Last week I wrote about the Ringling Museum and Estate in Sarasota Florida, and this week I'd like to share my wonderful visit to the Vizcaya Estate on Biscayne Bay, in Miami Florida. It was the luxurious winter residence of American industrialist James Deering (VP of Intl Harvester) from 1916 to 1925.
The Vizcaya Museum & Gardens is a historic estate built in the 1910's, during a decade known as the Gilded Age and the Jazz Age. It was supposed to look like a 400 year old Italian villa, but was loaded with all the modern conveniences available at the time. Hey, why not have it all? *grin*
Tropical and Florida-themed motifs were mixed into the Italian theme, so the resulting gardens and interior design elements are a unique blend of Miami and Mediterranean influences. My favorite room had Deco-style gilded palm trees on the wall, with opulent French and Italian furnishings and chandeliers!
I also loved the Breakfast Room, with large glass doors that folded back to convert the room into a loggia overlooking the incredible gardens...with European furnishings and a hand-painted screen depicting Ponce de Leon, flamingos and alligators!
As much as we loved the villa and the interior decor, the formal gardens just blew our mind. The kids and I were there for 3 hours and we could hardly tear ourselves away to get to the airport on time for our flight! I am posting several photos taken out in the gardens, but to peek inside the Vizcaya Villa you'll have to look at their website.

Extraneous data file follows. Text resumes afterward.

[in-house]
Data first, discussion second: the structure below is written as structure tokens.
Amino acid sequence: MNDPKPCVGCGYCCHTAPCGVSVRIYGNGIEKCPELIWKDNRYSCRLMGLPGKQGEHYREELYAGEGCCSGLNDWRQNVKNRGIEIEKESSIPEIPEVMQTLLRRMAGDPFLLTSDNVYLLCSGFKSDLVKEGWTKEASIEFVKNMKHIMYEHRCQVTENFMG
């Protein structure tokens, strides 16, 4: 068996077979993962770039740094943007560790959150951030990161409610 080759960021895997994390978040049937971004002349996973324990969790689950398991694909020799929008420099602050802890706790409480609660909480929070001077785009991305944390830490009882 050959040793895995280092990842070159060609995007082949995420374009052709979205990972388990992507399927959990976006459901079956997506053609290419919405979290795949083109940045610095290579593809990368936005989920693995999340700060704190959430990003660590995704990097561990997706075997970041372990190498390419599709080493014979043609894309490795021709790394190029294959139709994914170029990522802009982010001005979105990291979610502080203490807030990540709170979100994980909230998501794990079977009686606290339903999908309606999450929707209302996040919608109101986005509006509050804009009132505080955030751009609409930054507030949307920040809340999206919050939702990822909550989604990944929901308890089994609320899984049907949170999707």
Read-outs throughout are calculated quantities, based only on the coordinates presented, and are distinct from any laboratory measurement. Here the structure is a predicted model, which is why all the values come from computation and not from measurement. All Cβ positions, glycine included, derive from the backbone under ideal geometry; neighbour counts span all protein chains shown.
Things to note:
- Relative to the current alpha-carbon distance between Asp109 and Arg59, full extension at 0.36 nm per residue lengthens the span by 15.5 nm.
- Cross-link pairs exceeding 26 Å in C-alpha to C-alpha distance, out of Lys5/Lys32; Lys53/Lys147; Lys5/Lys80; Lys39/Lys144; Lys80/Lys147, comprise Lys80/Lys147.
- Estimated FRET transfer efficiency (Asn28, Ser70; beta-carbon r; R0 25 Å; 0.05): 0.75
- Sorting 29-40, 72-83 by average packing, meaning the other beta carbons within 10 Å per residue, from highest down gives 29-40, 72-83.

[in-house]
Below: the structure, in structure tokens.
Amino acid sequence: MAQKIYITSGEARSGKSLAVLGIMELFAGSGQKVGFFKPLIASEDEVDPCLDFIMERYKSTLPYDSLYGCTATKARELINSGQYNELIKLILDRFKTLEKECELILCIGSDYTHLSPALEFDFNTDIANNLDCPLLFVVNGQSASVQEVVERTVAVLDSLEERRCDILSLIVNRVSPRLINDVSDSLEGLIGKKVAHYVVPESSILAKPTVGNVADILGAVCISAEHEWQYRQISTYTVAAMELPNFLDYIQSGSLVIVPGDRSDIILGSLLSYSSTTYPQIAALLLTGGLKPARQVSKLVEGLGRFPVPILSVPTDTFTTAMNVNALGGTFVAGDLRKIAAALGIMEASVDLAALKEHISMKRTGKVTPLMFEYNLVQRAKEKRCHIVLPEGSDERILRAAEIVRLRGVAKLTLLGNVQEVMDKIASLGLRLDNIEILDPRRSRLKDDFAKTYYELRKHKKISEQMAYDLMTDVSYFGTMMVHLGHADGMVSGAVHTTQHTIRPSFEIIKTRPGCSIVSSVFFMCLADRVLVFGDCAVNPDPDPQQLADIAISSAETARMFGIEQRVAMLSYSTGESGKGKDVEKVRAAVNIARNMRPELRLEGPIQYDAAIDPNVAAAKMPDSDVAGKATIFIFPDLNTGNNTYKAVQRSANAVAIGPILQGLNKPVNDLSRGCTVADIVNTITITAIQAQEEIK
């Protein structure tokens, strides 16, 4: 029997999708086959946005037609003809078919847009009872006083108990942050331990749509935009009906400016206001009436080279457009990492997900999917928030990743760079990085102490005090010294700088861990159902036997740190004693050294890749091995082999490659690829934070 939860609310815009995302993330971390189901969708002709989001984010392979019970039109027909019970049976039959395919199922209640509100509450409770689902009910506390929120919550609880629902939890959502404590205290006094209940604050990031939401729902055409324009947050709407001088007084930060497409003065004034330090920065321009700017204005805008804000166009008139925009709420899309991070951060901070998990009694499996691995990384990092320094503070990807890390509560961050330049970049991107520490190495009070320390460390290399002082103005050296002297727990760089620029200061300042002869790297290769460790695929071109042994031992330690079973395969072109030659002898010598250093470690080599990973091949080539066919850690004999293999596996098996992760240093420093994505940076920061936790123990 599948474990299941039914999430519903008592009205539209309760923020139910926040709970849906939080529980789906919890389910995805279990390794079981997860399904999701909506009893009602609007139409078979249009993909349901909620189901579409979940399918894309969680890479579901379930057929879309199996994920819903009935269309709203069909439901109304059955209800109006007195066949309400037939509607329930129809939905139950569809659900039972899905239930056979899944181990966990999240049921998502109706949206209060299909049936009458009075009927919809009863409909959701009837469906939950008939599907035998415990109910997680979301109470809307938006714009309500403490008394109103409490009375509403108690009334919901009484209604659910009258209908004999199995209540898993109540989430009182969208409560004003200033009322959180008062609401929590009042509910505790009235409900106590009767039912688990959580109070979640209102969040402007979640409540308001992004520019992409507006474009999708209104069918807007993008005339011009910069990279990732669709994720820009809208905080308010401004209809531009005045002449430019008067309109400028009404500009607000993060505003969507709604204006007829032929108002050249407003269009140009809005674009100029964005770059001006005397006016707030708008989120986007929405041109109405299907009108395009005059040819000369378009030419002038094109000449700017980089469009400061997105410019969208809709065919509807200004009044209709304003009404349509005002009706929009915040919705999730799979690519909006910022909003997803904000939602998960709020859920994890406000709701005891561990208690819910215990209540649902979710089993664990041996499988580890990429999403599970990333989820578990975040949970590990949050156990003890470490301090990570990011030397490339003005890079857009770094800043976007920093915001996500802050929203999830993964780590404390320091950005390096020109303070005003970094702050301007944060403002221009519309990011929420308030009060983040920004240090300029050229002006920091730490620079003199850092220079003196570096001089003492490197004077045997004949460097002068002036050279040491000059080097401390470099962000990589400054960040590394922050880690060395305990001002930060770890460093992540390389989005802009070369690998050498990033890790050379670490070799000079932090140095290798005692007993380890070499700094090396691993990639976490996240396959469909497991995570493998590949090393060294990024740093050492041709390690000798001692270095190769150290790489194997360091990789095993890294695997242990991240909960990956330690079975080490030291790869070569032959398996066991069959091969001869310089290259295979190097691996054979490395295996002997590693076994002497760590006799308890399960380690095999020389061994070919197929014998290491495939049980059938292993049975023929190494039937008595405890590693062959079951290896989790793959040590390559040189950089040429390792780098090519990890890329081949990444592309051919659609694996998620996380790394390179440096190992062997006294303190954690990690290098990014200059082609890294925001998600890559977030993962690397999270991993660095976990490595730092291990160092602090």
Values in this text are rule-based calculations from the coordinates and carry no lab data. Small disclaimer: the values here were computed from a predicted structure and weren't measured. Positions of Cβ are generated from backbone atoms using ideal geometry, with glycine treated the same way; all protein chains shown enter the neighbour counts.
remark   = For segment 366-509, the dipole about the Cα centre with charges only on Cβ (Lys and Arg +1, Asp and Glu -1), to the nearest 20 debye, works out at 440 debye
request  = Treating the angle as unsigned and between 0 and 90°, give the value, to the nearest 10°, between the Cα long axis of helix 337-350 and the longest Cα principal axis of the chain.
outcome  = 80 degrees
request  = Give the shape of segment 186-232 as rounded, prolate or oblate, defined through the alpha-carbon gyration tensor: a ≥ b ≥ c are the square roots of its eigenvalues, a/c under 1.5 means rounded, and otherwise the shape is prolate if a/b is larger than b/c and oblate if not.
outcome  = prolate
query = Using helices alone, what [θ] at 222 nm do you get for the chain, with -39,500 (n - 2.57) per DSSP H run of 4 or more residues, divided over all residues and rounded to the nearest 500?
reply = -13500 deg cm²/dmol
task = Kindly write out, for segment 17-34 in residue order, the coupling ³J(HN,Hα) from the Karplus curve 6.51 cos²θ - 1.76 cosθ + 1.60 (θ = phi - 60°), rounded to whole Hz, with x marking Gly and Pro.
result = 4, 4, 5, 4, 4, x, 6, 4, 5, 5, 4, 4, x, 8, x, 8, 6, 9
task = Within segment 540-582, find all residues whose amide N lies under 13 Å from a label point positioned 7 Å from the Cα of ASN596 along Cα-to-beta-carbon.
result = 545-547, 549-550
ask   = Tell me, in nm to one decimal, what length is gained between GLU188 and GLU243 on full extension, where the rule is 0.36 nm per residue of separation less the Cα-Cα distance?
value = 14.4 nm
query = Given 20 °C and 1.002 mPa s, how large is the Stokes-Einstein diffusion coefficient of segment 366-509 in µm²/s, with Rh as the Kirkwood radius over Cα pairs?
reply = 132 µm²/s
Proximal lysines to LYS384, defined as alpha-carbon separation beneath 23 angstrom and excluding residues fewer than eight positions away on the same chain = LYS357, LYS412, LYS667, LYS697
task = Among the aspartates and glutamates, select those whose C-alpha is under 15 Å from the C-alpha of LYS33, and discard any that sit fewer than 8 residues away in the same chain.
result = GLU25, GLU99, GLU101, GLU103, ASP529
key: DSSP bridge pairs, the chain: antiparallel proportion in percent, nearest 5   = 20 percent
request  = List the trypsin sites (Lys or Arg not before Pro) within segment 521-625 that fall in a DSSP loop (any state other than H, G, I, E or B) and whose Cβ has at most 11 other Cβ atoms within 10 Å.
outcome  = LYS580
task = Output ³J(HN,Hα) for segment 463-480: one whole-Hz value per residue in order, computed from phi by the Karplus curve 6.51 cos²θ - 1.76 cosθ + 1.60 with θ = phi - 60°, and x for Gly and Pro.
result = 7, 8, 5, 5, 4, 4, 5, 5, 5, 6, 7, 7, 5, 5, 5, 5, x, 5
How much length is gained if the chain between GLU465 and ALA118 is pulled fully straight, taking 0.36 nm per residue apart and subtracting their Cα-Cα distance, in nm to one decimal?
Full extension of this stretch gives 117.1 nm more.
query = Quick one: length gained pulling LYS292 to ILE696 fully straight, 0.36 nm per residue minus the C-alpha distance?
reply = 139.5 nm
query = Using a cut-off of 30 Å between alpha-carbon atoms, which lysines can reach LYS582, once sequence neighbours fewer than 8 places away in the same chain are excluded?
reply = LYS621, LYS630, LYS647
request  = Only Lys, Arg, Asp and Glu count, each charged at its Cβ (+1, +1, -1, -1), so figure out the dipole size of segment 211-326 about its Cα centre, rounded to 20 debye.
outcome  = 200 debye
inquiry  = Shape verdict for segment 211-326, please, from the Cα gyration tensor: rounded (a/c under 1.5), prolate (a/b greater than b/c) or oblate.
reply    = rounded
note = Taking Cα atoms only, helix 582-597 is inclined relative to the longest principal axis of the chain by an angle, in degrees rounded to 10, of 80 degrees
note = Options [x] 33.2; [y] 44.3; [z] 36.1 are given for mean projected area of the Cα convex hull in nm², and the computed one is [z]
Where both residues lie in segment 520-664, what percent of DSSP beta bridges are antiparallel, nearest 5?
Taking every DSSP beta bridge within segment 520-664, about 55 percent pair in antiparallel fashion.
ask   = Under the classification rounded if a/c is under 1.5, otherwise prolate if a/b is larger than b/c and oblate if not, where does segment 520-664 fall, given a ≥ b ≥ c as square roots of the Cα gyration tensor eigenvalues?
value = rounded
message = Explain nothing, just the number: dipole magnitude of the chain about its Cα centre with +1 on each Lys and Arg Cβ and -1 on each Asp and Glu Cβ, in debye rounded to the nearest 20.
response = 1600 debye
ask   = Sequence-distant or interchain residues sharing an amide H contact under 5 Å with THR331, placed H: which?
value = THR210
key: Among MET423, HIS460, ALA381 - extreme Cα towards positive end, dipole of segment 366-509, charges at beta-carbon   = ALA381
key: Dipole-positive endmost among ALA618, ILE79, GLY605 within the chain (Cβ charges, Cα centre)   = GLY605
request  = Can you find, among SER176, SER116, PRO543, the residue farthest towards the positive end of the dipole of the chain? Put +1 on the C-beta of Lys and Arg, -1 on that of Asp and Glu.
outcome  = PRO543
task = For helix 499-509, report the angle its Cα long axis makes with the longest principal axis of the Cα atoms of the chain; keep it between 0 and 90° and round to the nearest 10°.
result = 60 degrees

After experiencing this beautiful historic estate, and all the art and eclectic embellishments inside and outside, I got to thinking about how in quilting, and interior design, and many other creative visual expressions, there are often "rules" about not combining different styles or different historic influences into one space or one piece. However I think these ideas are more personal taste, than rules. Moreover, I think they often are limiting to a truly creative artist or designer. This estate is a perfect example!
Do you have two favorite design themes or elements that you've hesitated to combine? Perhaps if you remove the idea that they can't be mixed together, you'll come up with something truly unique and wonderful?